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Alcohol-fuelled racist abuse; arson attacks, vandalism continues: IRR

IRR research `exposes reach of racial violence’

6th August 2010: The ongoing research by the Institute of Race Relations has ‘exposed the reach of racial violence that continues to spread across the county’.

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Random street attacks by gangs of youths; attacks on workers in isolated jobs, such as taxi drivers, takeaway and restaurant owners, and railway staff; alcohol-fuelled racist abuse; arson attacks and cases of graffiti and vandalism — all figure in a list of `some of the most serious cases of abuse and physical violence’ between January and June 2010.

Attacks on Muslims and vandalism in and around mosques also feature highly on the list.
The cases “have been chosen to exemplify how contemporary racial violence affects Britain’s minorities”.

The `IRR News Team’ has reported that following the publication of a briefing paper, “Racial Violence: The buried issue” in June 2010, the IRR has continued to monitor racist violence in its various guises across the country.

“The 2010 cases that have been analysed reflect the patterns of violence that emerged from our research for 2009. Where once such violence predominately affected people in deprived areas of London like Southall, Newham and Tower Hamlets, now victims of verbal and physical abuse are living in areas that have been traditionally white, and where migration has occurred on a relatively small scale”.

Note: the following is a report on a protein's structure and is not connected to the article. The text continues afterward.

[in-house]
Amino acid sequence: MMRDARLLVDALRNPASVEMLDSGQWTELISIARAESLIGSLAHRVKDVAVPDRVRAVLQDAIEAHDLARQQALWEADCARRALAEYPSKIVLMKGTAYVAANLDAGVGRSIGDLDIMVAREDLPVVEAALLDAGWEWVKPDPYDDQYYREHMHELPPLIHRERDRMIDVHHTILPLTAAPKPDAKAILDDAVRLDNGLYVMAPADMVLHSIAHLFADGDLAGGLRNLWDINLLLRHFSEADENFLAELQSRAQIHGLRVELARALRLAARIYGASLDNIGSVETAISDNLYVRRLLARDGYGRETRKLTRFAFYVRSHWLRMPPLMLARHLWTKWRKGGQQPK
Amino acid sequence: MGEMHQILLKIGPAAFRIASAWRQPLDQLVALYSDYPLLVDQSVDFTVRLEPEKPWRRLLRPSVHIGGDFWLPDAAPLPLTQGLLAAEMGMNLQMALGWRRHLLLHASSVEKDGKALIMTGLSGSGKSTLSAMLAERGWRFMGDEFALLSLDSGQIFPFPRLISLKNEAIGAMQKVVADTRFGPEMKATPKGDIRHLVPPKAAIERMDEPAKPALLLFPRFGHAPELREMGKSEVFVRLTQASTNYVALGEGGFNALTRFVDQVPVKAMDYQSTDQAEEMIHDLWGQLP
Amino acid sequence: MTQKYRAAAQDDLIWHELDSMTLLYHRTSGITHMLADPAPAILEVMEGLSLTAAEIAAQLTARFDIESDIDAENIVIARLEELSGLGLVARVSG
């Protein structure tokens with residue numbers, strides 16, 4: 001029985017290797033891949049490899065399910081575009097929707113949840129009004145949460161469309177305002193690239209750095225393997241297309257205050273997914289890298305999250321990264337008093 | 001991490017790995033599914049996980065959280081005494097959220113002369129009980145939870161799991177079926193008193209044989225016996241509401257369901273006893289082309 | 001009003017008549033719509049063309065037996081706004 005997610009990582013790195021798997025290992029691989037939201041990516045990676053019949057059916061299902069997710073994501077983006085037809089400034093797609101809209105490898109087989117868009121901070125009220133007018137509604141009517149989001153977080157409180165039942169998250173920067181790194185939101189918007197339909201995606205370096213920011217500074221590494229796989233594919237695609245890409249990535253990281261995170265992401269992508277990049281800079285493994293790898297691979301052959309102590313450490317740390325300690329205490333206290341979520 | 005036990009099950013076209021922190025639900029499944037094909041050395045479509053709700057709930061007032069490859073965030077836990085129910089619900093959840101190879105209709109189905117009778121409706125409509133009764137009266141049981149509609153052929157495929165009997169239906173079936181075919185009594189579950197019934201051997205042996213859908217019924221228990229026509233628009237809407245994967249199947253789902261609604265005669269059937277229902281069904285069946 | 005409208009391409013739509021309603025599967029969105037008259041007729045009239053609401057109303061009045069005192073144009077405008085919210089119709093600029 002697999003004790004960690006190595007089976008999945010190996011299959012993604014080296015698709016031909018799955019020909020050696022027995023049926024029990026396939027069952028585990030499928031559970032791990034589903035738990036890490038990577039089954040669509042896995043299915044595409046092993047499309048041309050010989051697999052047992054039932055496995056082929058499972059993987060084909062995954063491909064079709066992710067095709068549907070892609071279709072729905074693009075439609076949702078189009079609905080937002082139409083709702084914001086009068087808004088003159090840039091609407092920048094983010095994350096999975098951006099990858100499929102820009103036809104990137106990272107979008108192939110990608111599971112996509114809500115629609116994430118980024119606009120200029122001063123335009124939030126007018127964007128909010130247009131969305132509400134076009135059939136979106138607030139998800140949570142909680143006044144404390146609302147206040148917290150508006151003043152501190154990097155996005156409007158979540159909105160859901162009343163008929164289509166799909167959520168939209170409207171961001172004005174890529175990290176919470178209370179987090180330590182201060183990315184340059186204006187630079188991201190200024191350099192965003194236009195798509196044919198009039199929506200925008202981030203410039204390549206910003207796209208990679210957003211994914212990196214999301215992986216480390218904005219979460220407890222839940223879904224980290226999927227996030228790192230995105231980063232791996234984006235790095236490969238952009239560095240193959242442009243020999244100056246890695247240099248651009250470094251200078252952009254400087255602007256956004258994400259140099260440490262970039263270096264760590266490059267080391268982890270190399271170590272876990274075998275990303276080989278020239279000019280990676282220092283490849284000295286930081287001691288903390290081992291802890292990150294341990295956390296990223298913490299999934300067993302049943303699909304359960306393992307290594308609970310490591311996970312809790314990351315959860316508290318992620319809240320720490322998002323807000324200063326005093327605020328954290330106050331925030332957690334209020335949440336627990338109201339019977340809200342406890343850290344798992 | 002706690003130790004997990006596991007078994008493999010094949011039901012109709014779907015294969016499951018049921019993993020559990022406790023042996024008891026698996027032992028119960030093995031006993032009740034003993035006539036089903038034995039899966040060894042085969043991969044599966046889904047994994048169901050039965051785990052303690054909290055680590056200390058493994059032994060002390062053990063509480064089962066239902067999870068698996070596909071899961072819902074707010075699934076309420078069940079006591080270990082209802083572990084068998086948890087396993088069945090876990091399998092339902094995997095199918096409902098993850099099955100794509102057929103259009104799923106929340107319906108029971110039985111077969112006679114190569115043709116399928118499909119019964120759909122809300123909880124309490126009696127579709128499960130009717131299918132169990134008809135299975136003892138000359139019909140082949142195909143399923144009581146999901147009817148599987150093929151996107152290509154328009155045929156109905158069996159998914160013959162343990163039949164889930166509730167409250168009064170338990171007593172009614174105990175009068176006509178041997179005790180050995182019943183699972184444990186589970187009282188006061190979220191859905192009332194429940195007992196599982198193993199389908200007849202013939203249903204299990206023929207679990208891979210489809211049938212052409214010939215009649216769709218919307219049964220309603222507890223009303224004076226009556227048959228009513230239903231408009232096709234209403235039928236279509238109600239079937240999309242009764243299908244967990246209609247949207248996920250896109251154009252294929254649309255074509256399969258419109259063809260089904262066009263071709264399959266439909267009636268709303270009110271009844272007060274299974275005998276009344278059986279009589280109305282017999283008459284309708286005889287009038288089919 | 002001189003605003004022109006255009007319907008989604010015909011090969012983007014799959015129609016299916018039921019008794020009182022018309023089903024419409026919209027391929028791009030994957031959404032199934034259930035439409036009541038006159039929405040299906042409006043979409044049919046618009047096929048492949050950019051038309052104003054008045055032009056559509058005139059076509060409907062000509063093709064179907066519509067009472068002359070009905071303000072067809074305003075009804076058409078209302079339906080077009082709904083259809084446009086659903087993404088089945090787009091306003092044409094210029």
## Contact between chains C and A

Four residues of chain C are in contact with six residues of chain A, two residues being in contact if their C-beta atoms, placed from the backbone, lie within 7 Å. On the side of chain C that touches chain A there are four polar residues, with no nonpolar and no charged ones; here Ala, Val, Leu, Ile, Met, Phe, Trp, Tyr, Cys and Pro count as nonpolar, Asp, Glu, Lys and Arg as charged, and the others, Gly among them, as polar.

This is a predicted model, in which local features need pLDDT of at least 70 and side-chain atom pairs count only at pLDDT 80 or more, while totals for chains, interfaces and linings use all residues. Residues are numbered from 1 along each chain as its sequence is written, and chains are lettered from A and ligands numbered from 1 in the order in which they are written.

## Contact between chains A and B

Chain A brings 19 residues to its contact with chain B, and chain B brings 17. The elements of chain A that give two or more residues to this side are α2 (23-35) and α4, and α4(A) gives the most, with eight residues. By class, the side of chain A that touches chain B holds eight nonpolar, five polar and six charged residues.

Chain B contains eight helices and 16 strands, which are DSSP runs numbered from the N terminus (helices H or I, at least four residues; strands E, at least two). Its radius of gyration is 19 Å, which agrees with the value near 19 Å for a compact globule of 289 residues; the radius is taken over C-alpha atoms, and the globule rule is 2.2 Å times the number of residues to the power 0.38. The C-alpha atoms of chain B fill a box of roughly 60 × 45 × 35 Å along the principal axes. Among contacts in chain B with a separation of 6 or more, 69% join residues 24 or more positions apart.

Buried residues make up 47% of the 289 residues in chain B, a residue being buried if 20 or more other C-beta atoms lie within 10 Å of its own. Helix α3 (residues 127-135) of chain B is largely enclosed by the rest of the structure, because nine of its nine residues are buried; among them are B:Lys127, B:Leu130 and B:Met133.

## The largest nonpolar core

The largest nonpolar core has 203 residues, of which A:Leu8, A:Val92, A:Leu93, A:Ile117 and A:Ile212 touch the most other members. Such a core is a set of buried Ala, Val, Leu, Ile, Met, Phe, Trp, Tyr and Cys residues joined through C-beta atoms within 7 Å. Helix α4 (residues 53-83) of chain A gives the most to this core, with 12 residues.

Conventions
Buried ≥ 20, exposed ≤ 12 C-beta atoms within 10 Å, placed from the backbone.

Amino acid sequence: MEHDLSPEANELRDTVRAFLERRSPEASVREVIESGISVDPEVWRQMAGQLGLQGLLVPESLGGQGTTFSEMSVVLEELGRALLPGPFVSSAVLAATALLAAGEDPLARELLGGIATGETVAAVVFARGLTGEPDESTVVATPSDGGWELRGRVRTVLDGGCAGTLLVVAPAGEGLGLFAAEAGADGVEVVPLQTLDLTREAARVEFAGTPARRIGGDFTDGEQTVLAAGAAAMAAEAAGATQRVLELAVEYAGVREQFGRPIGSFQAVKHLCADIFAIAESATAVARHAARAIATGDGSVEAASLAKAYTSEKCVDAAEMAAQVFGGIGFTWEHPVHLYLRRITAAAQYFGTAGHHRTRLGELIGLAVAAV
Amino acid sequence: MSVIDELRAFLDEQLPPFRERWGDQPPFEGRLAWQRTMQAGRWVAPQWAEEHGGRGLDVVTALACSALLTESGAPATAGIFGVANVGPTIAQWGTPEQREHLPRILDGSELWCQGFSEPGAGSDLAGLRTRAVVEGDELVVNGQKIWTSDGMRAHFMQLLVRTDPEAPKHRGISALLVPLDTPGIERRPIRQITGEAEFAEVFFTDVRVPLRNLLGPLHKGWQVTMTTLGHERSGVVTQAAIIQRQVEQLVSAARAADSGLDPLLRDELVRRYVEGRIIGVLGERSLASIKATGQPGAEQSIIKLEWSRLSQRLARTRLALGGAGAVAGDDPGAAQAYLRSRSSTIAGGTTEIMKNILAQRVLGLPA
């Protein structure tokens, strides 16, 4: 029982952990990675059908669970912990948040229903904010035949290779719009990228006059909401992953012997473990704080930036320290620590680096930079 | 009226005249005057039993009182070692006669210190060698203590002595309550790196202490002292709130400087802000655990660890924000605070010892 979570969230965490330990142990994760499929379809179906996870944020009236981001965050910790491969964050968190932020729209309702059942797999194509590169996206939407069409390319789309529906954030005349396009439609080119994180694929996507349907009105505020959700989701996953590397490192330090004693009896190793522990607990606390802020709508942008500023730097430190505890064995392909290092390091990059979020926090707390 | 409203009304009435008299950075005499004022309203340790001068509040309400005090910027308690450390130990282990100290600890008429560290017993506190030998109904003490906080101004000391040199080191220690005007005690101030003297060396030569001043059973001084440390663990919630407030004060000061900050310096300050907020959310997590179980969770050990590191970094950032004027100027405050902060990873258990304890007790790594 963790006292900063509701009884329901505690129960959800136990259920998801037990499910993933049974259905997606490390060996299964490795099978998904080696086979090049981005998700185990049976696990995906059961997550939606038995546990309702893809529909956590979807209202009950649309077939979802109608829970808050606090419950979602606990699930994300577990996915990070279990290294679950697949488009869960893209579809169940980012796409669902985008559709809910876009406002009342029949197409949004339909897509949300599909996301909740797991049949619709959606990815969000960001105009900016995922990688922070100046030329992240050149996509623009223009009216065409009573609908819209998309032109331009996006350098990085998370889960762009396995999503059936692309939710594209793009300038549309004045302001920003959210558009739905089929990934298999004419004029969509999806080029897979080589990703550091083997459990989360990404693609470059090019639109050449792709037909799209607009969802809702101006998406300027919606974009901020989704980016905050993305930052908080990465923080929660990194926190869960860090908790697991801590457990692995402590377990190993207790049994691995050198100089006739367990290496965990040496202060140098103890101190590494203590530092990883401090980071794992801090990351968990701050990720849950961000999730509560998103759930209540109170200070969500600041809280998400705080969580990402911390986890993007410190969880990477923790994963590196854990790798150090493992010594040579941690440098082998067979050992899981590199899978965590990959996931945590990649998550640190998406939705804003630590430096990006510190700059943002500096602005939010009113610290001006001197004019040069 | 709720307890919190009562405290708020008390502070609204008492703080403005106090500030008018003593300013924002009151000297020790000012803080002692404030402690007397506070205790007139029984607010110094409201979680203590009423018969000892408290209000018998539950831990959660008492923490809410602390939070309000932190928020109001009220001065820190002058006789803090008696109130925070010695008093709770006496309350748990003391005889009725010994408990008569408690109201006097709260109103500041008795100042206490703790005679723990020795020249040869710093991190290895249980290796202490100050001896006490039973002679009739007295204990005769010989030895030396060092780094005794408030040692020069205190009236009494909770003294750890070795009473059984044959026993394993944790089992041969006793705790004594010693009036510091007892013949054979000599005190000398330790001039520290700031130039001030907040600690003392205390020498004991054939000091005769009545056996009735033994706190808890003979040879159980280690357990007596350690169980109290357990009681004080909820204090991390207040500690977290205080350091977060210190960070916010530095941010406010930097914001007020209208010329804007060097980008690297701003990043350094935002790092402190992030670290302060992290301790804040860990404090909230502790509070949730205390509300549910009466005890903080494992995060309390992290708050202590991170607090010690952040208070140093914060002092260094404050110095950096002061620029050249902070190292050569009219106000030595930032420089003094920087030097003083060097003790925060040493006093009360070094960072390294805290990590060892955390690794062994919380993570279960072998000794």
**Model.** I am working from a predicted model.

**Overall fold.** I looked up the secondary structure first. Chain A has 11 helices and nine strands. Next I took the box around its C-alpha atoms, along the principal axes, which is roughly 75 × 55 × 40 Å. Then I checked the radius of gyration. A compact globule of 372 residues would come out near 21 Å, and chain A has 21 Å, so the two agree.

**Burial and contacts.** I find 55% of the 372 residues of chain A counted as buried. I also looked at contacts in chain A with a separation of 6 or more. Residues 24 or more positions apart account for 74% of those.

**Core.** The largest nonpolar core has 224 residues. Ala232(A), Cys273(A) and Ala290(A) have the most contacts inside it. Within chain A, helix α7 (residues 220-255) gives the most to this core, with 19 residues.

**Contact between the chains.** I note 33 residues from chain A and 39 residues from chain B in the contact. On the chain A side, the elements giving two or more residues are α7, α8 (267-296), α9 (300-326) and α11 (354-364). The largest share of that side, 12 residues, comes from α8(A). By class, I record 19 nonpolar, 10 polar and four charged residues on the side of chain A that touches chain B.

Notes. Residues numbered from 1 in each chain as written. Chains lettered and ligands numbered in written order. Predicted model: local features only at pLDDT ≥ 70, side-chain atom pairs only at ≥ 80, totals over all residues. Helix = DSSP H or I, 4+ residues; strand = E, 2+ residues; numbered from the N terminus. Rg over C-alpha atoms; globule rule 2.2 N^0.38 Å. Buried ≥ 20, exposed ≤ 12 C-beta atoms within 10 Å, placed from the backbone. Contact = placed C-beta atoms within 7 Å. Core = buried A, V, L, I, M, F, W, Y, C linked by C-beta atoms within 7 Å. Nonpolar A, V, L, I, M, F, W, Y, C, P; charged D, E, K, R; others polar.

The `IRR News Team’ says On  1 January 2010, a 29-year-old Turkish man was assaulted on a street in Danbury, Essex, around midnight on New Year’s Day in what police called a ‘nasty’ racially aggravated attack. During the assault he was punched, kicked, and was left with a dislocated shoulder and cuts and swelling to his face. (Clacton Daily Gazette, 10 January 2010).’

Some of the other examples by the team are: `On 10 January 2010, 56-year-old Chinese takeaway owner Sui Chung was hospitalised for two nights after he was set upon by a group of around six youths in Clifton, Nottingham. After being racially abused, Mr Chung came out to challenge the youths but was attacked and suffered a broken arm and wrist, bruising to his face and a swollen eye. This is apparently not the first attack – Mr Chung says that in the fourteen years since he opened his takeaway he has had near constant abuse from gangs of up to thirty youths. (The Monitoring Group, 21 January 2010)

`On 13 January 2010, a 25-year-old migrant from the Dominican Republic was cycling along Bell Green Road, Coventry, when he was stopped by a gang of six, all ‘extremely drunk’, who began to hurl racist abuse at him. The victim was then punched and kicked, and as he tried to make his escape, one of the group threw a concrete block at his head, causing him serious head injuries. (Coventry Telegraph, 19 March 2010)

`On 17 January 2010, in Stoke Newington, London, Sarah Amerat, whilst travelling on a bus with her husband and son, was attacked by another woman who punched her in the back. She was wearing a niqab and police investigating the incident treated it as racially motivated. (Hackney Gazette, 21 January 2010)’

The same day, a `Hackney carriage driver Mohammed Sajed, 39, picked up a group of five men in Hanley, near Stoke-on-Trent, at around 3am. He stopped in Stoke when the men asked to be taken to a cash machine. As the men were getting out of the cab, one of them turned around and punched the driver, knocking him into the passenger seat. The man then got inside the car and continued punching him in the head, swearing and shouting racist abuse. (This is Staffordshire, 19 January 2010)

`On 29 January 2010, A children’s play area, a village community centre, telephone boxes and walls and benches in Chalfont St. Peter, Buckinghamshire, were covered in racist graffiti, Nazi swastikas and National Front logos over the weekend of 29 January and then again a week later. The tags also said ‘HP5’, ‘HP6’ and ‘Chalfont Boys’. A 13-year-old boy was cautioned by Thames Valley Police for racially aggravated criminal damage and assault in connection with the incidents. (This is Local London, 19 March 2010)

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